POL3116 : The Ethics of War
- Offered for Year: 2019/20
- Module Leader(s): Miss Adrienne Attorp
- Owning School: Geography, Politics & Sociology
- Teaching Location: Newcastle City Campus
|Semester 1 Credit Value:||20|
This module addresses the ethics of war in both contemporary and historical contexts. It questions whether we can ever legitimately go to war and, if so, under what circumstances it may be permissible. The module begins by looking at and critiquing ethical frameworks such as Just War Theory, Deontological and Consequentialist Ethics, Virtue Ethics, and Pacifism. All of these are reinforced with several empirical foci, such as Terrorism and Counter-Terrorism, Religious Wars, International Military Intervention, Nuclear War, Drone Warfare and Cyberwarfare. By the end of the module, students will have strong theoretical and empirical knowledge on war and be able to assess whether war is, or can ever be, ethical.
Outline Of Syllabus
The module will draw upon a number of sources and methods to establish when war (if ever) is morally justified, and when particular acts of international violence are justified. It will cover the following topics and questions:
Just War Theory
- When is war permissible?
- How should we conduct ourselves within war?
- What are our responsibilities post-war?
Ethical Approaches to War
- Does the principle and intentions of a war matter as much as consequences?
- Do the ‘virtues’ of combatants, or those making decisions about war, matter?
- Is war inherently wrong? Is pacifism more legitimate?
- Is there any way to actually assess the ethics of war?
- Where has military intervention taken place? What justifications were offered?
- Is military intervention ever justified? Or is it just imperialism?
- Should we encourage overthrowing autocratic regimes through military means?
- Is Military intervention in anticipation of future threats legitimate?
Religion and War
- How do different religions justify or condemn war?
- Does religion make an ethical predisposition in favour or war more likely?
- Can religious ethics help us assess wars today?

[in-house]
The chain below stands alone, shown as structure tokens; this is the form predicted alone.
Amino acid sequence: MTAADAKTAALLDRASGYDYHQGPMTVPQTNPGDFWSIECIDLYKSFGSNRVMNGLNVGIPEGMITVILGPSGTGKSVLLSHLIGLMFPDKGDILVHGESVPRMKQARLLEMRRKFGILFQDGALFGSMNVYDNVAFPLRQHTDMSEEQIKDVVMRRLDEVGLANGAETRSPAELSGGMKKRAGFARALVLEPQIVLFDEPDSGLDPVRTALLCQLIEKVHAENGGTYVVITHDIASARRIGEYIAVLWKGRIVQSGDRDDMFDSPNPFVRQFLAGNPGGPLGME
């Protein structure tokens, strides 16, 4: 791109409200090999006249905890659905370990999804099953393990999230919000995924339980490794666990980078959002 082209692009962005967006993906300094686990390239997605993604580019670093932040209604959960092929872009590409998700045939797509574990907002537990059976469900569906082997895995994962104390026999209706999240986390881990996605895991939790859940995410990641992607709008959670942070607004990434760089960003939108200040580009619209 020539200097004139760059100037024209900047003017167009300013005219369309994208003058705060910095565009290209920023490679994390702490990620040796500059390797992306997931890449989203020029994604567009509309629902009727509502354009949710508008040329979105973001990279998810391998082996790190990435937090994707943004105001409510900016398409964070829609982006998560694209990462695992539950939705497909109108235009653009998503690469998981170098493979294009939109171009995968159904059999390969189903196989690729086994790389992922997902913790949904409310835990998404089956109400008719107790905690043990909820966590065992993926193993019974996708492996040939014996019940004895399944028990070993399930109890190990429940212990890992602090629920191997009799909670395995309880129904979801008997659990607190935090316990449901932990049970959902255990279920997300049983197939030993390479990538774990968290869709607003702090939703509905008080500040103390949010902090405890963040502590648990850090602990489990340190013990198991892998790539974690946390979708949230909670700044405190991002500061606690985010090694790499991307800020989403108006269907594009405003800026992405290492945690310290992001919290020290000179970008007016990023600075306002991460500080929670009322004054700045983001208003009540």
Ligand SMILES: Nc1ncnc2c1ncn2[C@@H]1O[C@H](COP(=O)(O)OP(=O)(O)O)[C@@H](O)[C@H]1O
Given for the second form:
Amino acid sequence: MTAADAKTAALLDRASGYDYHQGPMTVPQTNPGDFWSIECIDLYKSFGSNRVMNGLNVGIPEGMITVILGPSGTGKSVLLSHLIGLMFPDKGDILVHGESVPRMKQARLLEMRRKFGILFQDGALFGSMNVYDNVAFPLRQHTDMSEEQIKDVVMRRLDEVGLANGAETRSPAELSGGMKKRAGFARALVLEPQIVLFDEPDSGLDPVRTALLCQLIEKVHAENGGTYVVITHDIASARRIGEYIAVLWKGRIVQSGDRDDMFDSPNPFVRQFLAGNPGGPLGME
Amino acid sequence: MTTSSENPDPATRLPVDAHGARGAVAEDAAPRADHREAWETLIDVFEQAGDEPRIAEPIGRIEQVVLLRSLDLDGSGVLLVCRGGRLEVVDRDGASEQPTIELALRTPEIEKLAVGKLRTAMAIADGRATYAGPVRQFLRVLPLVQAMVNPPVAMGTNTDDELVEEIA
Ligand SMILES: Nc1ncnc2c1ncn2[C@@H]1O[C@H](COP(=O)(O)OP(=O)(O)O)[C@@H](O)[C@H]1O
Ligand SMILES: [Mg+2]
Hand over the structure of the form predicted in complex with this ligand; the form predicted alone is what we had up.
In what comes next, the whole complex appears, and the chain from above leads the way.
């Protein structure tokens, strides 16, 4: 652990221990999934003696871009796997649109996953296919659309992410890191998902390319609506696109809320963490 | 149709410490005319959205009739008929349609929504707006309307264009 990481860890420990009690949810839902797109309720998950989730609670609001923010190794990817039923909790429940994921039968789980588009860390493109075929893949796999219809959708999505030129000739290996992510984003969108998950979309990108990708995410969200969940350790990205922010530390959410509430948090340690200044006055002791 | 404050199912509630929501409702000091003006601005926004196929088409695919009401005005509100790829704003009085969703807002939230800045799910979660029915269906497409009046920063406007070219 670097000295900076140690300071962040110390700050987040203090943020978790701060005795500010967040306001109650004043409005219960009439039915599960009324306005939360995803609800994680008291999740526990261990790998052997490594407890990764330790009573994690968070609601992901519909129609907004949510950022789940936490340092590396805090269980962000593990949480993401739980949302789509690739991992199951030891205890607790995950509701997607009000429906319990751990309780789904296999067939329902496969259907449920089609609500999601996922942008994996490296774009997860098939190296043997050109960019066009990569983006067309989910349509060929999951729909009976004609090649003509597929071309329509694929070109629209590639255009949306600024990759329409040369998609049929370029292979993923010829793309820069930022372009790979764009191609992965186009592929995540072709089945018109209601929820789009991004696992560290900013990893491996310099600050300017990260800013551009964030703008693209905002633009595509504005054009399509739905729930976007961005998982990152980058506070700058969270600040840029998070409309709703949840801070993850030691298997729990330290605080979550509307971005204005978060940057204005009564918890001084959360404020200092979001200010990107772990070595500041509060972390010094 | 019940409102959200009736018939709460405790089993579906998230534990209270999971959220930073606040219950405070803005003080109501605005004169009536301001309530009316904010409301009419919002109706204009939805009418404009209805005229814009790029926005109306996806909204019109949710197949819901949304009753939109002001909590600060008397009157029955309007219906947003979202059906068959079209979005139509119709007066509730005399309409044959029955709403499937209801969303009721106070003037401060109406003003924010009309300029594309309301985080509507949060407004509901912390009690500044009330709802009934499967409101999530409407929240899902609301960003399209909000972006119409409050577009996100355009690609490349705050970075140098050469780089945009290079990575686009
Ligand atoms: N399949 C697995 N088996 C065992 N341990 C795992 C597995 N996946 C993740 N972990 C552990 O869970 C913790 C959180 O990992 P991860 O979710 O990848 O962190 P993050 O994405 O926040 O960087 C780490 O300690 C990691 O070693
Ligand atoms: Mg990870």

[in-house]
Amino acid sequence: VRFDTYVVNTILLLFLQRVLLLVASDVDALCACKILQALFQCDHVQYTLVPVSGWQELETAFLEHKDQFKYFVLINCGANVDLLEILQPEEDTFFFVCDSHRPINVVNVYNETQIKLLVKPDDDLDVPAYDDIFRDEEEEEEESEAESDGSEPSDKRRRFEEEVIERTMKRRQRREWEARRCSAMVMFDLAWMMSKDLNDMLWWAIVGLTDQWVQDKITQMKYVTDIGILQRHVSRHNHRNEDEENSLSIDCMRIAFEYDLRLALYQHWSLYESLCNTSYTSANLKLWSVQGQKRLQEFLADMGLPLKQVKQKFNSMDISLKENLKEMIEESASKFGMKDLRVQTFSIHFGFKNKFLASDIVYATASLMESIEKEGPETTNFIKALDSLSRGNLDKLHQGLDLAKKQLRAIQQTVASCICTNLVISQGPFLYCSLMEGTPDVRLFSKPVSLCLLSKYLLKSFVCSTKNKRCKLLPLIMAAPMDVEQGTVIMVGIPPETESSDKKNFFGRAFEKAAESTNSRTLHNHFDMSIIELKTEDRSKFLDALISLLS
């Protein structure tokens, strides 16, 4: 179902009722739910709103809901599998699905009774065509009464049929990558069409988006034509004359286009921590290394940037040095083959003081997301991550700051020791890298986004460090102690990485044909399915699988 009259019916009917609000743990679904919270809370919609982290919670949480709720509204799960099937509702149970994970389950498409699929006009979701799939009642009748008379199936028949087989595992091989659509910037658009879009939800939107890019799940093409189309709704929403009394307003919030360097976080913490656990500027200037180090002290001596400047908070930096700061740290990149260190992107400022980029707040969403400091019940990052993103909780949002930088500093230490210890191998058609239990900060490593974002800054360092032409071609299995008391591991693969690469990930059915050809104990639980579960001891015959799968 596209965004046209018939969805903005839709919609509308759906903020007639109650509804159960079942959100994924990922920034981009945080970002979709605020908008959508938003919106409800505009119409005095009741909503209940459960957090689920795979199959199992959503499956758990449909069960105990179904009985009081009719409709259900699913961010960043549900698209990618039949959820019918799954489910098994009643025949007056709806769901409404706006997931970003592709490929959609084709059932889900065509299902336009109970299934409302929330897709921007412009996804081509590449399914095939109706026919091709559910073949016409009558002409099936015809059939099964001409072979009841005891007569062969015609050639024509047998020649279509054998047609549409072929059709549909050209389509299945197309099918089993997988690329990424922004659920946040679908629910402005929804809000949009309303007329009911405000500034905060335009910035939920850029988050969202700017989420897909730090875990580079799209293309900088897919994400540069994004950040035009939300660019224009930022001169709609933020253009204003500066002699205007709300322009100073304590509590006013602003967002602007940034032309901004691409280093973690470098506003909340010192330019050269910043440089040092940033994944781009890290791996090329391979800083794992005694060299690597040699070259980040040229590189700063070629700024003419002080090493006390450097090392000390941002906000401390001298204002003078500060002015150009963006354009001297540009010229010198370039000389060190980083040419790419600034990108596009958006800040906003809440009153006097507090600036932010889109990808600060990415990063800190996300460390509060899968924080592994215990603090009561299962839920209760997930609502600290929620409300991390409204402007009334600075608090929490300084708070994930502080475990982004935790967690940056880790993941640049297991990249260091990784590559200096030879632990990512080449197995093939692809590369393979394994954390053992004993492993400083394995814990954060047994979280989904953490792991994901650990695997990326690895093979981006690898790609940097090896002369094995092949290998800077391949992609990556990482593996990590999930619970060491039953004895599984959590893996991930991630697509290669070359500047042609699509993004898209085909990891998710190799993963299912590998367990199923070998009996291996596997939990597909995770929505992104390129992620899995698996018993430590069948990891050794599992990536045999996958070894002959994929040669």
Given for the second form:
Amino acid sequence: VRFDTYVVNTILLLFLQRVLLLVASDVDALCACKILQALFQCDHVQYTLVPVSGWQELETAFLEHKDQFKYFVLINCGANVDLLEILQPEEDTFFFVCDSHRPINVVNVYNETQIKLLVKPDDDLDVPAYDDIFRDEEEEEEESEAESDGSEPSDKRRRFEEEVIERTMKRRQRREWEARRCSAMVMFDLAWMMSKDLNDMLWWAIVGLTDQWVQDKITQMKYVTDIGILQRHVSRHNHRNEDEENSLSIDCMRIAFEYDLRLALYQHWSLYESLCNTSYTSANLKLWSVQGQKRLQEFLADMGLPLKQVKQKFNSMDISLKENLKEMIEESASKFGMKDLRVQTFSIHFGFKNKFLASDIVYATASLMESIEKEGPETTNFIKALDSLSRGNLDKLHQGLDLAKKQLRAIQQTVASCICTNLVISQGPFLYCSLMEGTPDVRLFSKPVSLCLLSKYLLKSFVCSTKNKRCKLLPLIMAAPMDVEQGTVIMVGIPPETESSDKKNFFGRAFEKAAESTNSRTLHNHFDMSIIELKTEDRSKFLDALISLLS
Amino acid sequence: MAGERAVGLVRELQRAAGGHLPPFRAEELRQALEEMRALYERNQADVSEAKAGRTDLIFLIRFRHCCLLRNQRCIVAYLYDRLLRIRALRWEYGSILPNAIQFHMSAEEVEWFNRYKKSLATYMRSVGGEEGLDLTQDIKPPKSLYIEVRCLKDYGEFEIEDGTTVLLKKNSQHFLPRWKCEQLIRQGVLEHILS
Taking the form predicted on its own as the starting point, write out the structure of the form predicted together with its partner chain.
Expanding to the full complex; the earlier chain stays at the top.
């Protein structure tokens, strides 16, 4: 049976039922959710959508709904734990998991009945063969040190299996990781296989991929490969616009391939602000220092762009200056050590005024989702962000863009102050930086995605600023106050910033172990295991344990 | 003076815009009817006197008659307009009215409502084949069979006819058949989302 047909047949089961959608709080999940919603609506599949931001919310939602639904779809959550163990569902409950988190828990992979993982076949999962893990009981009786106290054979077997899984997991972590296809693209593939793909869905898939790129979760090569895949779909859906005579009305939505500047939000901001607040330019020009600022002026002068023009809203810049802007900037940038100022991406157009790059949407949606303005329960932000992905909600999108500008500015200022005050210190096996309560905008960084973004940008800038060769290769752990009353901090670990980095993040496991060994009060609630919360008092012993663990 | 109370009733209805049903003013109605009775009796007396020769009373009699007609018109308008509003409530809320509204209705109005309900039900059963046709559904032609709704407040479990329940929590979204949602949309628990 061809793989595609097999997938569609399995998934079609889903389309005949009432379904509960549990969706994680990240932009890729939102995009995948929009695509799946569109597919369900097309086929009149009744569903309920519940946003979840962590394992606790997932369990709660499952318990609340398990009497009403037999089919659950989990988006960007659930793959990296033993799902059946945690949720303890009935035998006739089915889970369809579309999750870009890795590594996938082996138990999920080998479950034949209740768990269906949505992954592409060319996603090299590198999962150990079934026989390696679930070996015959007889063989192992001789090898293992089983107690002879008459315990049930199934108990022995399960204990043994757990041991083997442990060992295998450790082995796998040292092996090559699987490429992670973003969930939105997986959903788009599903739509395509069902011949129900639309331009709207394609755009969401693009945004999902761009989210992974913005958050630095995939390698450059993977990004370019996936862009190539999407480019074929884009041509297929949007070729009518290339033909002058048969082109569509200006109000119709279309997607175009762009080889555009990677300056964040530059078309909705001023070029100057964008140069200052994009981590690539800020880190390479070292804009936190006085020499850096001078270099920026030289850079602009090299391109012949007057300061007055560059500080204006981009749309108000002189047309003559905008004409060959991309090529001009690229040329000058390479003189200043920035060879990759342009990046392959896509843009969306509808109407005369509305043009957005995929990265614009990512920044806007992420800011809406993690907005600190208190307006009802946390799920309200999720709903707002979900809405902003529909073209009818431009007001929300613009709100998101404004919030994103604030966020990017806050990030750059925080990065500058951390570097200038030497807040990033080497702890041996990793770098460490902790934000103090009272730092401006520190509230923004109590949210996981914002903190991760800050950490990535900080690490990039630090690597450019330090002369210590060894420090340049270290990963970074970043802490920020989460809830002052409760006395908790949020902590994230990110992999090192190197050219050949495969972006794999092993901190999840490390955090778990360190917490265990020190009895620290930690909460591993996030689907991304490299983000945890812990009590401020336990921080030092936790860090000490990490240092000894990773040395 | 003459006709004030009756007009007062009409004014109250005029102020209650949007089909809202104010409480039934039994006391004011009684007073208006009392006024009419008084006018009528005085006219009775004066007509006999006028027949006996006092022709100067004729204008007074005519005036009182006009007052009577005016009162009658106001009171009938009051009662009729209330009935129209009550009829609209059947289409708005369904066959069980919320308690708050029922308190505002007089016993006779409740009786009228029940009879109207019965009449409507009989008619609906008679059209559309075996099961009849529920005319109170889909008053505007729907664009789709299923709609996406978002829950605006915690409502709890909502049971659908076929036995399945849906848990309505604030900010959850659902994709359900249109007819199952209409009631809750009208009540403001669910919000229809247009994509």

- What is terrorism? Why is it so hard to define?
- Can terrorism ever be justified? Or is it inherently wrong?
- How far should counter-terrorism go?
The Future of War: Drone Strikes, Targeted Killing, and Cyberwarfare
- Do UAVs change our fundamental assessments of war?
- Is it justifiable to just extra-judicial strikes to eliminate threats?
- Is Cyberwarfare a more desirable form of war?
|Scheduled Learning And Teaching Activities||Lecture||22||1:00||22:00||N/A|
|Scheduled Learning And Teaching Activities||Small group teaching||10||1:00||10:00||N/A|
|Scheduled Learning And Teaching Activities||Drop-in/surgery||4||1:00||4:00||N/A|
|Guided Independent Study||Independent study||1||164:00||164:00||N/A|
Teaching Rationale And Relationship
Lectures will convey key themes and issues noted in learning outcomes, and seminars will provide opportunity to discuss these in greater depth.
The format of resits will be determined by the Board of Examiners
|Written Examination||90||1||A||45||Essay style examination|
|Essay||1||M||45||2,000 word essay|
|Prof skill assessmnt||1||M||10||Seminar participation|
Assessment Rationale And Relationship
The aim of the essay is for students to demonstrate their ability to present a set of clear and rigorous arguments in support of a central claim. Students will be given the option of giving an oral presentation to the class, outlying their plans for the essay. This presentation will include time for questions and comments from fellow students, helping presenters critically examine their own work and respond to objections. The aim of the exam is to assess students’ abilities to engage with literature outside the scope of their 2,000-word essay.